1

Which form of "have" should I use and why?

The fireman decided to return to work tomorrow because the union had/has accepted his offer.

3
  • 1
    Good question but I'd go with "because the union accepted." Feb 23 '21 at 18:46
  • The fireman has decided to return to work tomorrow because the management has/have met his demands. Feb 23 '21 at 18:54
  • 2
    Both Present Perfect and Past Perfect are fine in the cited context. We normally "backshift" to match preceding decided, so had is more likely - and that's the only acceptable choice if we replace tomorrow with last year (making it impossible to say the union's acceptance has special relevance to "time of utterance"). But because it's "tomorrow", we can reasonably say it's got current relevance, so both tense forms are perfectly okay. Feb 23 '21 at 19:20
0

If the time of the fireman's decision is situated some time in the past (relatively long time in the past) then you should use "had" because the past perfective is used for times (had accepted) before some time in the past (decided).

  • The fireman decided to return to work tomorrow because the union had accepted his offer.

  • The fireman decided to return to work tomorrow because the union accepted his offer.

From CGEL § 4.24, p. 195 : The past perfective

The past perfective has usually the meaning of "past-in-the-past", and can be regarded as an anterior version of either of the present perfective or of the simple past.
[…]
But of course, the past perfective does not have to refer to a more remote time than that referred to by the simple past. In some case, particularly in a clause introduced by after, the two constructions can be more or less interchangeable.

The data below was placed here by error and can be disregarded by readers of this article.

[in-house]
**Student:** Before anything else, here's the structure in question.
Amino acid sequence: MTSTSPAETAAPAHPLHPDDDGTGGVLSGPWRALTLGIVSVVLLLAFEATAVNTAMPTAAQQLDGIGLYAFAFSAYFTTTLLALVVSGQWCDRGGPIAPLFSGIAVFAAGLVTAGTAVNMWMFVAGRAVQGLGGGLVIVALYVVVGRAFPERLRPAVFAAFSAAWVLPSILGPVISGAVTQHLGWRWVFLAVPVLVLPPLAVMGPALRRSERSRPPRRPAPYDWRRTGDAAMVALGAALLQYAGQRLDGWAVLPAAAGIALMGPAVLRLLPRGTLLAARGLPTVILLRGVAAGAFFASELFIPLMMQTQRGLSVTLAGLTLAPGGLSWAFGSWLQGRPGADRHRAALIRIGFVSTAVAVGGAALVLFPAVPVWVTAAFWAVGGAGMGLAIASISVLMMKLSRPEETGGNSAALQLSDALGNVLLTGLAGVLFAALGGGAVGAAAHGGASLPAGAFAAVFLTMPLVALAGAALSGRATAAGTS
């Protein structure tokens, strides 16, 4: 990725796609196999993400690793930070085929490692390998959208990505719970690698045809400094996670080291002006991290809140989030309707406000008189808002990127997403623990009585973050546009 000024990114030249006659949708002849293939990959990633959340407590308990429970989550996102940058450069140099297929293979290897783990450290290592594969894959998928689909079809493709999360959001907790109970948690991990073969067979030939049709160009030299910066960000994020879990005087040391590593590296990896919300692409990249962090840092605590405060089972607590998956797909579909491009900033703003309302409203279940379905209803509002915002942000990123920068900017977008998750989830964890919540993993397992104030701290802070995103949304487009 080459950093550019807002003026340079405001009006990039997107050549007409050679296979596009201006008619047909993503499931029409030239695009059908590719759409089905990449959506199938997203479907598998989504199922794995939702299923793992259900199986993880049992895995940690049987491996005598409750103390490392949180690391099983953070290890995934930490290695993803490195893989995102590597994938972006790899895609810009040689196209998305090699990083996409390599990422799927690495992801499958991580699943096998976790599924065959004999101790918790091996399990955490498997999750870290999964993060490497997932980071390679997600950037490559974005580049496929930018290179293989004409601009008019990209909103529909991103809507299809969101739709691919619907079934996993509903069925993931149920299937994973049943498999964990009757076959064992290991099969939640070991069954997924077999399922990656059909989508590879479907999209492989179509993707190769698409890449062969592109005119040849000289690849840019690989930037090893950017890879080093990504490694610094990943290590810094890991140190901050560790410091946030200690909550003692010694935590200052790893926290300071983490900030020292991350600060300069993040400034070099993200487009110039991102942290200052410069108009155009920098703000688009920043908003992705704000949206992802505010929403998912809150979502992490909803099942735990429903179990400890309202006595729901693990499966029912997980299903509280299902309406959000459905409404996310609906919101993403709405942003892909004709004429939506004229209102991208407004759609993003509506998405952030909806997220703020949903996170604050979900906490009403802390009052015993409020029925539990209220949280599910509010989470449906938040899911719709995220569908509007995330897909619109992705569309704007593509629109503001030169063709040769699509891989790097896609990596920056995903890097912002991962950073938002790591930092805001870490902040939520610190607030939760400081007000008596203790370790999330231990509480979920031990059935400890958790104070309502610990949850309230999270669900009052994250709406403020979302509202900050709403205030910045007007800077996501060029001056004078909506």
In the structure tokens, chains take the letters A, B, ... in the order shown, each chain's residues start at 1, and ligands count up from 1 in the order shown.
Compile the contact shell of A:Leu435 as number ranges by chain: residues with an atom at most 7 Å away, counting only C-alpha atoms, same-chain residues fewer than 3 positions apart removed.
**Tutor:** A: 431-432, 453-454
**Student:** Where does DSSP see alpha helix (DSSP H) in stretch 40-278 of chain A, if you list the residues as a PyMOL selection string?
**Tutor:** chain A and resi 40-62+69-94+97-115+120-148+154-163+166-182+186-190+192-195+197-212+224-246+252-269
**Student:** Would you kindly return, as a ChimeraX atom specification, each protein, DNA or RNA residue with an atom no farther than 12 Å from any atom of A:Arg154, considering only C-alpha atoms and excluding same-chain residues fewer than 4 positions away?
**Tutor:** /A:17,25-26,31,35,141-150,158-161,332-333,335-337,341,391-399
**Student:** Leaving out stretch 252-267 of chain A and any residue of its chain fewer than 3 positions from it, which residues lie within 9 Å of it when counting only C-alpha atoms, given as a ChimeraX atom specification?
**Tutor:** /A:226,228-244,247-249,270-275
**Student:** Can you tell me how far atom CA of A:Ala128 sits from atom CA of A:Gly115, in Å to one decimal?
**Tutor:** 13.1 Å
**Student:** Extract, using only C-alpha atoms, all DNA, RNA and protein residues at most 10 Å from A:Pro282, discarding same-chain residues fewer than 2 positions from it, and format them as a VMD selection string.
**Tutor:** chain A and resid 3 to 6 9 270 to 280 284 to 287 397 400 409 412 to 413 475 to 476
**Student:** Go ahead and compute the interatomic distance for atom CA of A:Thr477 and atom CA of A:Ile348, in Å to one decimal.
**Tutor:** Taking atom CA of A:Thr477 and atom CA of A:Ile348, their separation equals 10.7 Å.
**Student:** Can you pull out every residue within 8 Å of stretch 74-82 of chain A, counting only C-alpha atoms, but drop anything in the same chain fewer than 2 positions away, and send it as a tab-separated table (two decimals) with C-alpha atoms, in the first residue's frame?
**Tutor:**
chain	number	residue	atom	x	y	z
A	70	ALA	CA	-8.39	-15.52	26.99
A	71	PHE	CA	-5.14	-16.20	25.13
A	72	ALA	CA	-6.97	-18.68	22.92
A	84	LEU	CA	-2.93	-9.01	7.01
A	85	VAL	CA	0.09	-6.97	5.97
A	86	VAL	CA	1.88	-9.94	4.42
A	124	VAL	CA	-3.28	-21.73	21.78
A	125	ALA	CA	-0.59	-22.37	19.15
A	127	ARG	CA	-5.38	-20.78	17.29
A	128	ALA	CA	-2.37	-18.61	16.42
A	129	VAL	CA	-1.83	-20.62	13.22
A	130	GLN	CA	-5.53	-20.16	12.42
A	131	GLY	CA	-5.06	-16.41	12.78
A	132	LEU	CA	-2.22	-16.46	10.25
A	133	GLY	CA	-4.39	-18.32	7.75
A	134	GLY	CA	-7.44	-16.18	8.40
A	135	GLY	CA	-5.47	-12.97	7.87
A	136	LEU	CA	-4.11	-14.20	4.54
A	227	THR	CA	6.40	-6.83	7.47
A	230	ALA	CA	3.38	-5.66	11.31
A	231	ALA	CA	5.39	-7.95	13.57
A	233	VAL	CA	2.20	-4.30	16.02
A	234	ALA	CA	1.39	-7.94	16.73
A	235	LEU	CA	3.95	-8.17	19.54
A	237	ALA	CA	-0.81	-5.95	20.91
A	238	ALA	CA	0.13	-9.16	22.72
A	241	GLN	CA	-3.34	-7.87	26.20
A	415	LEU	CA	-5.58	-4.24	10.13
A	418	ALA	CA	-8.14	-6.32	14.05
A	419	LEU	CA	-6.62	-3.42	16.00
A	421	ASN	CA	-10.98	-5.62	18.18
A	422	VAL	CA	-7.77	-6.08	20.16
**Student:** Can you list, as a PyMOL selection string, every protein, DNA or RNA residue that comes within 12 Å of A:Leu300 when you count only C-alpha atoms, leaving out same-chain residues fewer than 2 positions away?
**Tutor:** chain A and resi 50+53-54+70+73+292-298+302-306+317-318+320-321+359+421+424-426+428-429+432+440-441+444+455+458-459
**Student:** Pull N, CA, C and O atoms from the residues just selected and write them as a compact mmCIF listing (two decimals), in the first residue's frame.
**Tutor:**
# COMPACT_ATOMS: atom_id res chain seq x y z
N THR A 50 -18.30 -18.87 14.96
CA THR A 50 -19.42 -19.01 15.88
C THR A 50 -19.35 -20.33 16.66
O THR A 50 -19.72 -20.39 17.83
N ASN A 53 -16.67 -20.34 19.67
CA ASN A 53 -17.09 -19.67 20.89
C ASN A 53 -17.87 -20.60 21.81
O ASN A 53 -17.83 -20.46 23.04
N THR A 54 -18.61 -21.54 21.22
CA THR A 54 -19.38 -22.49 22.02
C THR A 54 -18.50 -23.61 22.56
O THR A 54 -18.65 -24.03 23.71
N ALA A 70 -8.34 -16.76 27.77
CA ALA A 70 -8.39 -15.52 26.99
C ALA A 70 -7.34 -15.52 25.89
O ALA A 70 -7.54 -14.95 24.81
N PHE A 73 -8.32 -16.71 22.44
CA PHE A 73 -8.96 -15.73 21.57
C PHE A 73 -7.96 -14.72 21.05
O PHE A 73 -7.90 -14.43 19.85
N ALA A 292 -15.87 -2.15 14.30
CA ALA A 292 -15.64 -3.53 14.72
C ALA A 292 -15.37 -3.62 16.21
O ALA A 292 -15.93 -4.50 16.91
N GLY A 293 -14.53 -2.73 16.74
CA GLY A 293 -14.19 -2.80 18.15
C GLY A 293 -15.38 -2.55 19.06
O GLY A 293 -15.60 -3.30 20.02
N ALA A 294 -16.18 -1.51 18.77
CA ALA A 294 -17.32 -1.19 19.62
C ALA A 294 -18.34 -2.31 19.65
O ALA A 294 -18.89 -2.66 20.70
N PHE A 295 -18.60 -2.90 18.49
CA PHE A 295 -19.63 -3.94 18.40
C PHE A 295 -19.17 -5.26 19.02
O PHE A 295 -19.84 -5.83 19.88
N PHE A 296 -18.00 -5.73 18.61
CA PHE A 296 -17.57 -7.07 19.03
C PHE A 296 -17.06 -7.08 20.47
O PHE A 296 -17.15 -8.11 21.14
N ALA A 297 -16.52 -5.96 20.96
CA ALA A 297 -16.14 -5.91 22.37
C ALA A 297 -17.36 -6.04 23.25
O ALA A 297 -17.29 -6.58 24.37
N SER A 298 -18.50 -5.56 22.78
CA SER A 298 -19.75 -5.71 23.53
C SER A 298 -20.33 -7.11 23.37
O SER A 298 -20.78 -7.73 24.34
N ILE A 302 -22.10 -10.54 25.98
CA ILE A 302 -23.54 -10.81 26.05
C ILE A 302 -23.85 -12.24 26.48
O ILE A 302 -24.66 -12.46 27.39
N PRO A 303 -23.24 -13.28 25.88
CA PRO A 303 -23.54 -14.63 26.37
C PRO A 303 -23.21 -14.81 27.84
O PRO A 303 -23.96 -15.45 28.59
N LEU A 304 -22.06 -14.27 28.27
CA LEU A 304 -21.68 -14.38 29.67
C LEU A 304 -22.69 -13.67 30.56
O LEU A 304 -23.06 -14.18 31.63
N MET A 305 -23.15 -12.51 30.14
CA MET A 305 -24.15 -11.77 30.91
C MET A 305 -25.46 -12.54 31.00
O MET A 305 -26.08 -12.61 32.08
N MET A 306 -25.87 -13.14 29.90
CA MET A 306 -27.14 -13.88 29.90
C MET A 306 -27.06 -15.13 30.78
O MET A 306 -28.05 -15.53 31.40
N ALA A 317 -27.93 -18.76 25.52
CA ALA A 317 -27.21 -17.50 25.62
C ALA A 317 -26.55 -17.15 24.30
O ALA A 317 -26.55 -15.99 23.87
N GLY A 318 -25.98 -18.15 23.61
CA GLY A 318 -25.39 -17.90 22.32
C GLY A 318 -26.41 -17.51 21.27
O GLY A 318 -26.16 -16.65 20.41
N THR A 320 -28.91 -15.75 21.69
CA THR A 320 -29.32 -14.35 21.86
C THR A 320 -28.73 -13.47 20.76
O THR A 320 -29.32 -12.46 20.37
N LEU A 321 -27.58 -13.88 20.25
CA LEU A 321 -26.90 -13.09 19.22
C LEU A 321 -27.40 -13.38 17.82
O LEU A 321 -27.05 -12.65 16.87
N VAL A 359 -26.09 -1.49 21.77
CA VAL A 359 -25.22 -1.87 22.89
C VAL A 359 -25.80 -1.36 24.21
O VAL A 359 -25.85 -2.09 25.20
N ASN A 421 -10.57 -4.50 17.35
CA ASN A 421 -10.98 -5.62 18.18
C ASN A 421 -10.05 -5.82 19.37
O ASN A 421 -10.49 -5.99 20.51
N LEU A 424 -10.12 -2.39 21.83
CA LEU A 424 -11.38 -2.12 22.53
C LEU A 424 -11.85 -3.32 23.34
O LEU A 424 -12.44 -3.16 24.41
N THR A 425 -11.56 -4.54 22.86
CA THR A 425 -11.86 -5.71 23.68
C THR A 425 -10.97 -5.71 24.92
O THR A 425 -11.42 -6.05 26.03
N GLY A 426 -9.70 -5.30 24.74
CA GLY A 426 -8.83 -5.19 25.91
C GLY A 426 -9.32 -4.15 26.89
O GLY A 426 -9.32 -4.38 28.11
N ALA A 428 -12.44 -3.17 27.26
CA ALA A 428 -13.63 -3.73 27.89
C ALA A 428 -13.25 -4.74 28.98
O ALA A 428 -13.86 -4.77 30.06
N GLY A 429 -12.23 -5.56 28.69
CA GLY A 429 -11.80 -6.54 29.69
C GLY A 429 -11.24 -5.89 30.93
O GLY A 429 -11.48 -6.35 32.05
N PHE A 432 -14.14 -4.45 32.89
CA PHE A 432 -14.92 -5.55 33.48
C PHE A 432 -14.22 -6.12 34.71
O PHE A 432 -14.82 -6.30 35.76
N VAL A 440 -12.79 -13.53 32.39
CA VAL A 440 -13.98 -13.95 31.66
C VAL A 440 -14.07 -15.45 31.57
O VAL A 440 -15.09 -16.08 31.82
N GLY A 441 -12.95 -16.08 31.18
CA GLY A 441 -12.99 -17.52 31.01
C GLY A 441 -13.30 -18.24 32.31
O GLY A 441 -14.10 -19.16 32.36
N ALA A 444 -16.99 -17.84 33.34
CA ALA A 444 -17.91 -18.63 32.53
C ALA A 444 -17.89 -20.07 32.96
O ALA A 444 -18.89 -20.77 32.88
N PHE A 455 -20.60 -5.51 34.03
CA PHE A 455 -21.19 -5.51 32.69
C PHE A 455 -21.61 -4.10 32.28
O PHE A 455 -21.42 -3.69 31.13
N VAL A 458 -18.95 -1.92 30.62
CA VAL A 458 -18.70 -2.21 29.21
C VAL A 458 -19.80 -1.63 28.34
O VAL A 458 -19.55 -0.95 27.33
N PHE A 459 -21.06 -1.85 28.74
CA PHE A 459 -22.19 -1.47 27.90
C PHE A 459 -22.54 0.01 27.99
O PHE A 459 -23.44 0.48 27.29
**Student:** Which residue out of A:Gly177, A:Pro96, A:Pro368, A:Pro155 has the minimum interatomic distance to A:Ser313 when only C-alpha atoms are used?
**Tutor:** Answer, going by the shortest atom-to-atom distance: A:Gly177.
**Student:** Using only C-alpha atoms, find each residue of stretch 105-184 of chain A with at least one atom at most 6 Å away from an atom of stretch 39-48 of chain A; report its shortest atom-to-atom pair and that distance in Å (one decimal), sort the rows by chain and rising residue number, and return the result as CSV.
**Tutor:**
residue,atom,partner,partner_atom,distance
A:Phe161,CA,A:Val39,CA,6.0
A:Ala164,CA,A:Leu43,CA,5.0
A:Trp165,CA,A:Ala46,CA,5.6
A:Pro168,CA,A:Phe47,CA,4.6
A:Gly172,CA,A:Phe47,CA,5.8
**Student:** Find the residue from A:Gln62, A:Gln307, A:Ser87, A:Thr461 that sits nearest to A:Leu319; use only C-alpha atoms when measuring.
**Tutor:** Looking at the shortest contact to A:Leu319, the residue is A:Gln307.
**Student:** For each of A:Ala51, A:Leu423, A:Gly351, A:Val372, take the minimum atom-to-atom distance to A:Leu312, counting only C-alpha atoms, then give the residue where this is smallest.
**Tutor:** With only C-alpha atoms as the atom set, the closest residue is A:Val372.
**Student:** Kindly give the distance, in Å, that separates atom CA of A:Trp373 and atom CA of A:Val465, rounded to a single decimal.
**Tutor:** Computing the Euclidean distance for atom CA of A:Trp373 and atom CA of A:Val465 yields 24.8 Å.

• I ate my lunch after Sandra had come back from her shopping.
  • I ate my lunch after Sandra came back from her shopping.

However, if the time of the acceptation is relatively recent you should use has or as well the past simple.

  • The fireman decided to return to work tomorrow because the union has accepted his offer.

This possibility of using the present perfective stems from the characteristic of this tense to connote states leading up to the present.

Lots of useful reforms but no revolution - The AustralianFeb 5, 2019 — ... mortgage broker sector was rejected because the government has accepted industry arguments that brokers help the smaller banks compete ...

2005 Federal Equal Opportunity Reporter - Page 906 In addition , the district court concluded that it did not have jurisdiction because the plaintiff " has accepted the remedies afforded him in the administrative process " ( emphasis added )

Aug 7, 2013 Is an Affair Ever 'Acceptable'? | Next Avenue — Yet there was little fallout for Klum (and even Sanford), apparently because the public has accepted that these were genuine love-based ..

COMMONWEALTH OF KENTUCKY BEFORE THE PUBLIC ... but did not propose exclusion of these items because the Commission has accepted this.

Sep 11, 2010 - NFL: PA is asking its members to consider decertification ... — The person spoke on the condition of anonymity because the union has not announced its plans.

Feb 19, 2016 - United Public Workers' lawsuit to stop Maui hospital ... — U.S. District Judge Helen Gillmor dismissed the case because the union "has failed to state a claim based on a violation of the contract clause ..

Jan 15, 2019 - NLRB general counsel issues new advice memoranda ... — The NLRB decided there was no duty to provide the information because "the Union has failed to identify any provision in the TCJA obligating ...

In your sentence, is found the adverb "tomorrow", which tends to show the context to be that of a state leading to the present. However, imagining a variant in which the fireman will not finally go back to work because subsequent to the acceptation a counterstatement was issue by the union.

  • The fireman decided to return to work tomorrow because the union had accepted his offer; unfortunately, they cancelled their agreement shortly after the fireman's decision. (There is no state leading to the present.)

Your Answer

By clicking “Post Your Answer”, you agree to our terms of service, privacy policy and cookie policy

Not the answer you're looking for? Browse other questions tagged or ask your own question.